COVID 19 RGA

Australia COVID19 RGA April 1 2020

The COVID-19 pandemic is not just a healthcare crisis but is having far-reaching impacts on the economy and the social fabric of countries. Australia is no different. While the proportion of COVID-19 cases in males and females is roughly equal, various groups are impacted differently. Women and people with disabilities and Aboriginal and Torres Strait Islander women who have poorer health outcomes are at a higher risk of infection. Barriers in accessing information and medical and other health services exacerbate this higher risk. Women make up almost 80 per cent of the health and social assistance industry, and this means more women than men will be on the frontline of the response to COVID-19, putting them at higher risk of exposure.
The COVID-19 pandemic has significantly impacted the Australian economy, with the Australian Government estimating one million people could be made unemployed. The impact on the economy is compounded by the destruction of local businesses and homes during the recent bushfire season. Four-fifths of employed Australians (80 per cent) work in industries providing services, such as health care, education, and retail. These sectors are the hardest hit by the economic impacts of COVID-19. Many part-time and casual workers, of which women comprise the majority, are most likely to be laid off or given shorter hours during the crisis and post-crisis. Unpaid caring labour falls more heavily on women because of the existing structure of the workforce and gendered social norms. Women are paid less and perceived to have more flexibility from doing casual or part-time jobs. As a result, women will be expected to undertake unpaid care work. Read More...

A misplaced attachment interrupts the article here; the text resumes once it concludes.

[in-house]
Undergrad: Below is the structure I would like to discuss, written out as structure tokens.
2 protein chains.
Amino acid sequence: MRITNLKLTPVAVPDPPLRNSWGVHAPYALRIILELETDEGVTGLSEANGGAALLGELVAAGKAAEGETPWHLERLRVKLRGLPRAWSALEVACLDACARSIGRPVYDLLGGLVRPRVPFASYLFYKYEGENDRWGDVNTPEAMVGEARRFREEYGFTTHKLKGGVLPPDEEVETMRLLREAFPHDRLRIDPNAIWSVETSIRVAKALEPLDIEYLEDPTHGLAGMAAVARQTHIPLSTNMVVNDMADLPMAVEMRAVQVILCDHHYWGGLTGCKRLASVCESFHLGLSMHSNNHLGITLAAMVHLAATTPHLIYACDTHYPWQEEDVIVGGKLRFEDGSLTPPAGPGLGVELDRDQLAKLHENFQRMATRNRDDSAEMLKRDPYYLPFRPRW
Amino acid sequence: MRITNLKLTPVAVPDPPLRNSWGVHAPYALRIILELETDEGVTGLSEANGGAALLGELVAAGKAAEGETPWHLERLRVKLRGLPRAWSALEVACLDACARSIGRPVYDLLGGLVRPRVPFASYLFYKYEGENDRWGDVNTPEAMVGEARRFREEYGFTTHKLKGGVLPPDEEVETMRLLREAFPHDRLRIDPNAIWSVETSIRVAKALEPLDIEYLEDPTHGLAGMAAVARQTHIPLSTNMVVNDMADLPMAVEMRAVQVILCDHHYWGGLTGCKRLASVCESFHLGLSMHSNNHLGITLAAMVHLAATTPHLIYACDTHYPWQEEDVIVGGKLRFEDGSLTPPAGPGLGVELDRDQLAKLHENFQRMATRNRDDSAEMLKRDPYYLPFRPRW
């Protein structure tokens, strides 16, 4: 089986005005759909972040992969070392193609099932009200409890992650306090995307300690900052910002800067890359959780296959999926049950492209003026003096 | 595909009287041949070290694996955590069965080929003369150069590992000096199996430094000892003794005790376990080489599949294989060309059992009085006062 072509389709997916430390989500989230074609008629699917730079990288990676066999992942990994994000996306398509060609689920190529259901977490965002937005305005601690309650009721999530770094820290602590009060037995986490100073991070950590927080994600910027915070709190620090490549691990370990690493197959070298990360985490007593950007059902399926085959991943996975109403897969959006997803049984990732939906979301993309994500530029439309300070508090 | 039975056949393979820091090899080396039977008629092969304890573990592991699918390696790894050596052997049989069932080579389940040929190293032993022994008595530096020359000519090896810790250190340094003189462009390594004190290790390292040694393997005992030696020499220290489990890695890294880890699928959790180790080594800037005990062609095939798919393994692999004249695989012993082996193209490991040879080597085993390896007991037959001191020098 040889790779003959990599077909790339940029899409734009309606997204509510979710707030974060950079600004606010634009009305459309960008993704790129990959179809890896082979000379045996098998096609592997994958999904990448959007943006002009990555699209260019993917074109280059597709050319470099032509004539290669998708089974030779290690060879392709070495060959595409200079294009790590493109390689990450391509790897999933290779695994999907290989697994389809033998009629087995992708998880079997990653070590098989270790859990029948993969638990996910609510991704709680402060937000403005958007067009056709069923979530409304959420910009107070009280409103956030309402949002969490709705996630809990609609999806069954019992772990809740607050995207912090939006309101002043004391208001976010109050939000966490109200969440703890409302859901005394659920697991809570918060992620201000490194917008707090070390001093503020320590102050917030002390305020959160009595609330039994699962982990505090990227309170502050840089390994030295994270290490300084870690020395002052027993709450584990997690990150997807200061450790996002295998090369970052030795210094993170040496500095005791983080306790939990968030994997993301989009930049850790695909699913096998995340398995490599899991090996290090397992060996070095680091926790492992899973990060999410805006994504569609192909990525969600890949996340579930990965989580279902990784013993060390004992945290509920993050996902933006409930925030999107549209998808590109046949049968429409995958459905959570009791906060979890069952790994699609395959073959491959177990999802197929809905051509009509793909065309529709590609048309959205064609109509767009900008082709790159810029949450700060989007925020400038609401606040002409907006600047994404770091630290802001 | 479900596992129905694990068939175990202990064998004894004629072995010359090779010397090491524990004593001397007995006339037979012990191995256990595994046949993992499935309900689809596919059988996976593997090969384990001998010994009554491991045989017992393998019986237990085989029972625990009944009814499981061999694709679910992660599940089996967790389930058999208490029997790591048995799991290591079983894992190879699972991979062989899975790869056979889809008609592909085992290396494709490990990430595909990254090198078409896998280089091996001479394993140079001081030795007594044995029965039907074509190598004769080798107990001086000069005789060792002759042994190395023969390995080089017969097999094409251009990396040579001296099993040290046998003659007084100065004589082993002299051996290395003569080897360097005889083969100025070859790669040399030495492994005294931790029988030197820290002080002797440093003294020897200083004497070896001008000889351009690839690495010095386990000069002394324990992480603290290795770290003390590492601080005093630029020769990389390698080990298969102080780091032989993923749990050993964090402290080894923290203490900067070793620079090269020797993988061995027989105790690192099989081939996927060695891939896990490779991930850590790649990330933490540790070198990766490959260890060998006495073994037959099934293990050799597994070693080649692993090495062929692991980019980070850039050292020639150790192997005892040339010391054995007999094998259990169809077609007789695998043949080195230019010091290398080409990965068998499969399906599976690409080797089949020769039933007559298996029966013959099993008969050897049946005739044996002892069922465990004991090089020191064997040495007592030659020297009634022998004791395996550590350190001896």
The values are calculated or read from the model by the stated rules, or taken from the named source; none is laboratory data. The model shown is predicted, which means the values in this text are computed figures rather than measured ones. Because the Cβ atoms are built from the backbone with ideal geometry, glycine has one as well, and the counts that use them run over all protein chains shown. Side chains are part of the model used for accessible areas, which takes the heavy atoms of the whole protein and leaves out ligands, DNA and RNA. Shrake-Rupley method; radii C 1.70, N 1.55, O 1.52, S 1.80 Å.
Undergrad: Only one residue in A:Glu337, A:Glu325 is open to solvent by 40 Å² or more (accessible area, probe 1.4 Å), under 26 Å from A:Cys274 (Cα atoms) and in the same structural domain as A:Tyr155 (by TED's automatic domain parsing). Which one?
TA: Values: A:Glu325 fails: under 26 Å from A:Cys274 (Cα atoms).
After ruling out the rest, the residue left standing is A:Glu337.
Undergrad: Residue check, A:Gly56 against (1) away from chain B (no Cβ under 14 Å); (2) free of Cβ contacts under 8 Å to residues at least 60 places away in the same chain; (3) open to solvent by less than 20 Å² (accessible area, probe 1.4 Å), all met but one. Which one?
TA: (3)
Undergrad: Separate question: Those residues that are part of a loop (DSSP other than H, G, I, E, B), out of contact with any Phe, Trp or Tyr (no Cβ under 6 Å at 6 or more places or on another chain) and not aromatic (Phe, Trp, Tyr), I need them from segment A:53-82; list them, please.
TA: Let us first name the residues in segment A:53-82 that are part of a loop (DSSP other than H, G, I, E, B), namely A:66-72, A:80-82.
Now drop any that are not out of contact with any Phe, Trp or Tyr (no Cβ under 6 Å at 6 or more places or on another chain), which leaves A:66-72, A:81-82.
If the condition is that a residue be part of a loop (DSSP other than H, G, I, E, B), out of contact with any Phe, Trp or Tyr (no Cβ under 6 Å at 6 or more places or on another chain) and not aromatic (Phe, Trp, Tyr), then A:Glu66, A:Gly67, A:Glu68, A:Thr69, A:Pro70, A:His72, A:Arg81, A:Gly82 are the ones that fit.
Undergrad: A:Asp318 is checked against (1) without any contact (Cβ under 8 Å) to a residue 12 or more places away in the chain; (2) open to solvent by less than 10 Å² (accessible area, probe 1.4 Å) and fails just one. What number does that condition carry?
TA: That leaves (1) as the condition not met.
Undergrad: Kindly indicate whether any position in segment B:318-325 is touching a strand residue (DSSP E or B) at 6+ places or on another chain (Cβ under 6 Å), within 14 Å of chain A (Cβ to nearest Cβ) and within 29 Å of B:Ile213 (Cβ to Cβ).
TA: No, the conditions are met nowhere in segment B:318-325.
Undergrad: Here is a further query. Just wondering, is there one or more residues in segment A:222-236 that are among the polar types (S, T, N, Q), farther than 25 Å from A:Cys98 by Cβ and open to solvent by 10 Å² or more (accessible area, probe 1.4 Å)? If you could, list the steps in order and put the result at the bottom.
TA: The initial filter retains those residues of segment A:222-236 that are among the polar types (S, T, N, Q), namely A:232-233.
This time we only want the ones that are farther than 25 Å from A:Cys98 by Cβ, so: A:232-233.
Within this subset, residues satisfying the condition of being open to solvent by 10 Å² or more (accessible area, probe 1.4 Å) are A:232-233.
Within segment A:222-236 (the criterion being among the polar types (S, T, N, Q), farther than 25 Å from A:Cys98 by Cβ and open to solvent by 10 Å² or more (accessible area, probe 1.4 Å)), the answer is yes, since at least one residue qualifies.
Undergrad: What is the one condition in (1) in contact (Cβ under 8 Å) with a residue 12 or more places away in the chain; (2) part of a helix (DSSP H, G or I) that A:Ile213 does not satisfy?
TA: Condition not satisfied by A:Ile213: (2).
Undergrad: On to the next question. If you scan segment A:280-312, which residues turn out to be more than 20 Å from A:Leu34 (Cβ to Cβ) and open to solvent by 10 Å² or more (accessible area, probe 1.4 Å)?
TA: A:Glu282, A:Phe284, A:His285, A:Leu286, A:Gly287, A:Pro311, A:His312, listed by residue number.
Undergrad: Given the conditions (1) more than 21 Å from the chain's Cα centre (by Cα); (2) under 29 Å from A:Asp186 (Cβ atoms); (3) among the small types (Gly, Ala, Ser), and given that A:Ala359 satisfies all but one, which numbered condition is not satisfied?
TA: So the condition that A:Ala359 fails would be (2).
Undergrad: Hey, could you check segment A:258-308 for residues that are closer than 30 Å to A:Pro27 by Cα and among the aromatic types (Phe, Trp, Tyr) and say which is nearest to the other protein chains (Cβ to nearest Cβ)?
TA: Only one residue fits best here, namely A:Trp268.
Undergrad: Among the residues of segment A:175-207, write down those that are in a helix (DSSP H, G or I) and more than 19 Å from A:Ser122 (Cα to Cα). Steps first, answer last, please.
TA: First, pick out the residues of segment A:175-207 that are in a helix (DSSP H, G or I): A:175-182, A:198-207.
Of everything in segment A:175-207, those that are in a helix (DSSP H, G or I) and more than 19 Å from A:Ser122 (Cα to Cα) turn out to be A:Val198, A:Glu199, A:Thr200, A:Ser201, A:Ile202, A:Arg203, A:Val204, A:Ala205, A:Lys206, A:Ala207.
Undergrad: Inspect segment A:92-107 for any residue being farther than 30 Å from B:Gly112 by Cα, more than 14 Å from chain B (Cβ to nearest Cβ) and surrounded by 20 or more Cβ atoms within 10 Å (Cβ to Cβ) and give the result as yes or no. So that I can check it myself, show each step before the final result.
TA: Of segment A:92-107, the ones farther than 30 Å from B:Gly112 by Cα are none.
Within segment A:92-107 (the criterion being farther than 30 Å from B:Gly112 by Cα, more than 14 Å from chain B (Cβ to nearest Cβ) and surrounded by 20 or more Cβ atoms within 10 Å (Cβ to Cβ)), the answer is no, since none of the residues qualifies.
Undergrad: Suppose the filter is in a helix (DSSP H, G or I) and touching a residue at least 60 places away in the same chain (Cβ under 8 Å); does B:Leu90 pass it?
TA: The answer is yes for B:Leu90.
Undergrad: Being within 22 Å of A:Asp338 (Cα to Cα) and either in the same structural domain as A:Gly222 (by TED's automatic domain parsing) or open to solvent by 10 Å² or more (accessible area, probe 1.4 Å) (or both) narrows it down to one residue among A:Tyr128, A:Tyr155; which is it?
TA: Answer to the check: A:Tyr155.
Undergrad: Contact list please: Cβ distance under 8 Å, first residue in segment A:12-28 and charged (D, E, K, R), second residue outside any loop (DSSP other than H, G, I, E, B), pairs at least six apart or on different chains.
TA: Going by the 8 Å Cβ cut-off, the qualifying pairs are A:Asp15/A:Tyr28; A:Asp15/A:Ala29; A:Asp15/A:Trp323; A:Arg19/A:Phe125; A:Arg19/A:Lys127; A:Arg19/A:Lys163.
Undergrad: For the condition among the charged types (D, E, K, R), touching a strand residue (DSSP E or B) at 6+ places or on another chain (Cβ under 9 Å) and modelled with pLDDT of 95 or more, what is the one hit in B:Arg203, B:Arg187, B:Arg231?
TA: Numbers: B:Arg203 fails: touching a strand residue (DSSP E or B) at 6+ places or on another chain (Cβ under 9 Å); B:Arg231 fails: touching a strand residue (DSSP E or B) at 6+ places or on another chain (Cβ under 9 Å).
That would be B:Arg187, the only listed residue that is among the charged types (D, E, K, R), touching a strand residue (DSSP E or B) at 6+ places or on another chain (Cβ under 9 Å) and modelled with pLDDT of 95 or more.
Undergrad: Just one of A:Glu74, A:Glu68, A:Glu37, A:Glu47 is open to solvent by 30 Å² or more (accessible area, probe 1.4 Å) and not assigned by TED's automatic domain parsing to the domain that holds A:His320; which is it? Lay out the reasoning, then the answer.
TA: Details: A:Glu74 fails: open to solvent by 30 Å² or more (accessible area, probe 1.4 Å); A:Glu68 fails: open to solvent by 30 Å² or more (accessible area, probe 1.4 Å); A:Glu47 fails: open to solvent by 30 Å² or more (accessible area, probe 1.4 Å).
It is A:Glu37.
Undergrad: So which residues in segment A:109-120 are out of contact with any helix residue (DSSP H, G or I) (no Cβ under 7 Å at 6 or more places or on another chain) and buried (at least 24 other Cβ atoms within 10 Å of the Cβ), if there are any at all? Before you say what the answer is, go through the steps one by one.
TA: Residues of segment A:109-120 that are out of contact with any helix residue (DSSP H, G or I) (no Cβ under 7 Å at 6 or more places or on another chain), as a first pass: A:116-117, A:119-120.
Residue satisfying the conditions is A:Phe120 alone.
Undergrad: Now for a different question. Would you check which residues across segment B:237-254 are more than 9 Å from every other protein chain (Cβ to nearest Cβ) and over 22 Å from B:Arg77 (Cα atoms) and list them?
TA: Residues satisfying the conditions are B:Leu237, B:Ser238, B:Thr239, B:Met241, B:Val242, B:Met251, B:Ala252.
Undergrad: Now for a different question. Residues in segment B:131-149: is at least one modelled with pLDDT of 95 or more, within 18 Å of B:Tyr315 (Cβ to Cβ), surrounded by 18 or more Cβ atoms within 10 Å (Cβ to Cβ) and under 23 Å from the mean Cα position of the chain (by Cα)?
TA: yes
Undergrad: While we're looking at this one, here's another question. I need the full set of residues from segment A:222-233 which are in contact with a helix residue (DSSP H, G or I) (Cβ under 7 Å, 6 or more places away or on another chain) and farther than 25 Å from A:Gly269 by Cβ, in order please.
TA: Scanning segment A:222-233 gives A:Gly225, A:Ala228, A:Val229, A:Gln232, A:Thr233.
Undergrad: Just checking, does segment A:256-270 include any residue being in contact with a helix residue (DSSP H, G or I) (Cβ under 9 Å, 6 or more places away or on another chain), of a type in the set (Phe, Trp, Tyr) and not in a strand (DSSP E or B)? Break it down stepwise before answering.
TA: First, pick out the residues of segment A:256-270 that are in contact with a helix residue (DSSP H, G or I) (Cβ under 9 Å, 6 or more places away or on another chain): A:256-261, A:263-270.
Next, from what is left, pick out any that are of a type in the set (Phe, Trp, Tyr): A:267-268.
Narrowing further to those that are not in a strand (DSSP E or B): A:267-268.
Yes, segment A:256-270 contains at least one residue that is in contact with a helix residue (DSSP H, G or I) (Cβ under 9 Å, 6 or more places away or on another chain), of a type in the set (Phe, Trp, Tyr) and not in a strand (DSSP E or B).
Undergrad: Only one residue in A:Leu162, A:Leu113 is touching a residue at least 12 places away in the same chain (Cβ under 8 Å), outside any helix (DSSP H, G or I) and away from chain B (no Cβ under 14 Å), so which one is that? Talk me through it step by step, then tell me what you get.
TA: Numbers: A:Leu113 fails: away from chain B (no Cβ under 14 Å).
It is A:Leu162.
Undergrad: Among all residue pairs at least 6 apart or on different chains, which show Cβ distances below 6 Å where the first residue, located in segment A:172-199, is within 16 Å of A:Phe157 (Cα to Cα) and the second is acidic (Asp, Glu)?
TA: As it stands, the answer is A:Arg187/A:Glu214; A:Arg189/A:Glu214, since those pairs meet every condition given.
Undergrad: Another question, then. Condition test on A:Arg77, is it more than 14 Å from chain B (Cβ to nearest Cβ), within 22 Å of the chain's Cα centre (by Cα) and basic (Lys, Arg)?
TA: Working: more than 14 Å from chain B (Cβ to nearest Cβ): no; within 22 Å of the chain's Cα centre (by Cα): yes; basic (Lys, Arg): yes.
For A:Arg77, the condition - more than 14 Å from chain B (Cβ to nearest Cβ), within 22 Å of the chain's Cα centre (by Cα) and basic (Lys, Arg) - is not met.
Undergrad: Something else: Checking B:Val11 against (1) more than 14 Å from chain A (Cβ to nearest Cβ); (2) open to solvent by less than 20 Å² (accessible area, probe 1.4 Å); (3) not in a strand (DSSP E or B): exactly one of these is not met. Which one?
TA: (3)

Global COVID 19 Rapid Gender Analysis April 1

On 11 March 2020, the World Health Organisation classified COVID-19 as a pandemic.1 Disease outbreaks affect women, girls, men, boys, and persons of all genders differently, to say nothing of the wide variety of at-risk and marginalised groups. The compounding complexities of development and humanitarian contexts can have disproportionate effects on women and girls, as well as those at-risk and vulnerable groups. CARE International identified the need to highlight the gender and intersectional impacts of the COVID-19 crisis.
To achieve this, CARE first developed a policy brief to review lessons learned from previous public health emergencies. CARE then adapted its Rapid Gender Analysis toolkit to develop the Global Rapid Gender Analysis on COVID-19, conducted in consultation with the International Rescue Committee (IRC). This report is for humanitarians working in fragile contexts that are likely to be affected by the COVID-19 crisis. It is organised around broad themes and areas of focus of particular importance to those whose programming advances gender equality and reduces gender inequalities. It seeks to deepen the current gender analysis available by encompassing learning from global gender data available for the COVID-19 public health emergency. Read More...

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